At least 13 girls who went missing following a rebel raid on their secondary school in Uganda have escaped from their captors.
Rebels turn the children into fighters and wives
The fleeing girls ran through the bush and travelled across a lake in dugout canoes to evade the Lord's Resistance Army (LRA) fighters.
It was initially feared that up to 100 girls had been abducted by the LRA near the eastern town of Soroti on Monday night.
But the BBC's Nathan Etengu in Soroti says that only 29 were ever kidnapped.
The United Nations says the rebel LRA has kidnapped more than 5,000 children in the past year alone, using them as soldiers, labourers and sex slaves.
There is no force that can protect every school, every village, every home
Ugandan army spokesman
One 17-year-old student at Lwala Girls' School who witnessed the rebel attack but managed to flee described how a group of 20 LRA rebels commanded by a woman rounded up dozens of students and tied them together with rope.
She told our correspondent that one of the students who was struggling to escape had her fingers and toes cut off by the rebels.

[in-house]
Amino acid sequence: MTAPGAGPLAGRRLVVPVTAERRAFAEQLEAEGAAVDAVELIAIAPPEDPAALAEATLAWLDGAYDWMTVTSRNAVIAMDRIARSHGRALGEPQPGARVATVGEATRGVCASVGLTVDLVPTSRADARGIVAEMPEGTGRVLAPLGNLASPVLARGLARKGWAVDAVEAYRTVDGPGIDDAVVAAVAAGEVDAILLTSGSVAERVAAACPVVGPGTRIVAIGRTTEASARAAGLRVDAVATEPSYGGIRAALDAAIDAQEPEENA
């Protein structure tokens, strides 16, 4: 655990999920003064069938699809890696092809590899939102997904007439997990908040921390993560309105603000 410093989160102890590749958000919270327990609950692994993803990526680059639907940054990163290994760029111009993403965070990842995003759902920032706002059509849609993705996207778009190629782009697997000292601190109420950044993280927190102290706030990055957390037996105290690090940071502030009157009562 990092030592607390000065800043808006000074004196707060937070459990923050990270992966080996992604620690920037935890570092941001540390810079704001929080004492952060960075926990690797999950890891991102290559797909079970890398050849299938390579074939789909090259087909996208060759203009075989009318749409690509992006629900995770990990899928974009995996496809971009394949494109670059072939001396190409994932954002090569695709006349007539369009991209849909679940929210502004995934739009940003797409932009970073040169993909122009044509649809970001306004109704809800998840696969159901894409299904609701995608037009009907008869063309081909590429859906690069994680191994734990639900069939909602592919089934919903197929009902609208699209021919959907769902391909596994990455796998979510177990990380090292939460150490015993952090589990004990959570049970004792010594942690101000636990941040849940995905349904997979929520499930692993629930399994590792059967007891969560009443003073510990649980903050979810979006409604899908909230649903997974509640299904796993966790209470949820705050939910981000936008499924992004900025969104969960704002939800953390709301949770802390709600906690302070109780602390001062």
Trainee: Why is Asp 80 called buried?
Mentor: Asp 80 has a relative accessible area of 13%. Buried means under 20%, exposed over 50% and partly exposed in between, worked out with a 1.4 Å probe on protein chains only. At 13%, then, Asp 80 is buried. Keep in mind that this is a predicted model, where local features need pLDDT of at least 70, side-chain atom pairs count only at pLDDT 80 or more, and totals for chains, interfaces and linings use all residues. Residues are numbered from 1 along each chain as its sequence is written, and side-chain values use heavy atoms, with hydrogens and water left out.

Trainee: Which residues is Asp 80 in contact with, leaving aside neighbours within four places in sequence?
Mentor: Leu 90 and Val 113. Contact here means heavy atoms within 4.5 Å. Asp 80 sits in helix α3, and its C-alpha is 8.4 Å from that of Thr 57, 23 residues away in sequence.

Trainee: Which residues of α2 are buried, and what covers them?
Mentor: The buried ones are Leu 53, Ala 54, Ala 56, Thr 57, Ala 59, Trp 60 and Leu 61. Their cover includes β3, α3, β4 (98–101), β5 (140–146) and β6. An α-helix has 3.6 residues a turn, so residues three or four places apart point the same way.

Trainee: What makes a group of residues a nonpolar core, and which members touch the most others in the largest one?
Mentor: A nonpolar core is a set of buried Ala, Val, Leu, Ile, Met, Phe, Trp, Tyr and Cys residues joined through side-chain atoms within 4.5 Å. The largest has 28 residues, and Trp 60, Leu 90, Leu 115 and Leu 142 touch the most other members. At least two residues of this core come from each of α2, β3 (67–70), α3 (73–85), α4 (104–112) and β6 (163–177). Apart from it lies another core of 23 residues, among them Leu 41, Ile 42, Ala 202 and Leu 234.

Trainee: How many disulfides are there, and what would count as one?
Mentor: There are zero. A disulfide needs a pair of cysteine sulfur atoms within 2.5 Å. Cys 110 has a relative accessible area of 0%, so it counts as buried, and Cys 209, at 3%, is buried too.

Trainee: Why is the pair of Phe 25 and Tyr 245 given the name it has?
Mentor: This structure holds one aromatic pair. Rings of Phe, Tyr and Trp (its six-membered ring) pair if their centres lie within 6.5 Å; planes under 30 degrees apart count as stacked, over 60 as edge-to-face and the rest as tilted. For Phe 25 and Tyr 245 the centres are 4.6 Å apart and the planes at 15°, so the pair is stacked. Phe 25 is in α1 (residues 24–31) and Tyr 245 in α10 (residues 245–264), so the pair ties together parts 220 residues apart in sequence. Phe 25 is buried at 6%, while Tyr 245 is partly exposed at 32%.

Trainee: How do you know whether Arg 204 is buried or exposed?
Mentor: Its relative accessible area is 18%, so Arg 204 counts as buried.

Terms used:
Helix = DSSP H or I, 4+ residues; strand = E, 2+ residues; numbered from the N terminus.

Survivors of the attack say some of the rebels were as young as 12.
Ugandan soldiers have intensified the search for the rest of the girls.
Army spokesman Major Shaban Bantariza told the BBC's World Today programme that the raid on the Roman Catholic school near Soroti was a continuation of the rebels' 17-year brutal resistance movement.
He denied that the army had been caught unawares but said attacks such as that on the Lwala Girls Secondary School, 50 kilometres (30 miles) from Soroti could not always be stopped.
"If these terrorists are just sneaking into place to abduct schoolgirls I say definitely... there is no force that can protect every school, every village, every home where you have to deploy forces," he said.
"You would need probably about two million soldiers in Uganda to do that."
Correspondents say the LRA is intensifying its campaign against the government in northern Uganda.
The conflict with the LRA is believed to have displaced 800,000 civilians across northern Uganda.
The rebels have no clear political agenda but have said they want the country governed in accordance with the Christian Ten Commandments.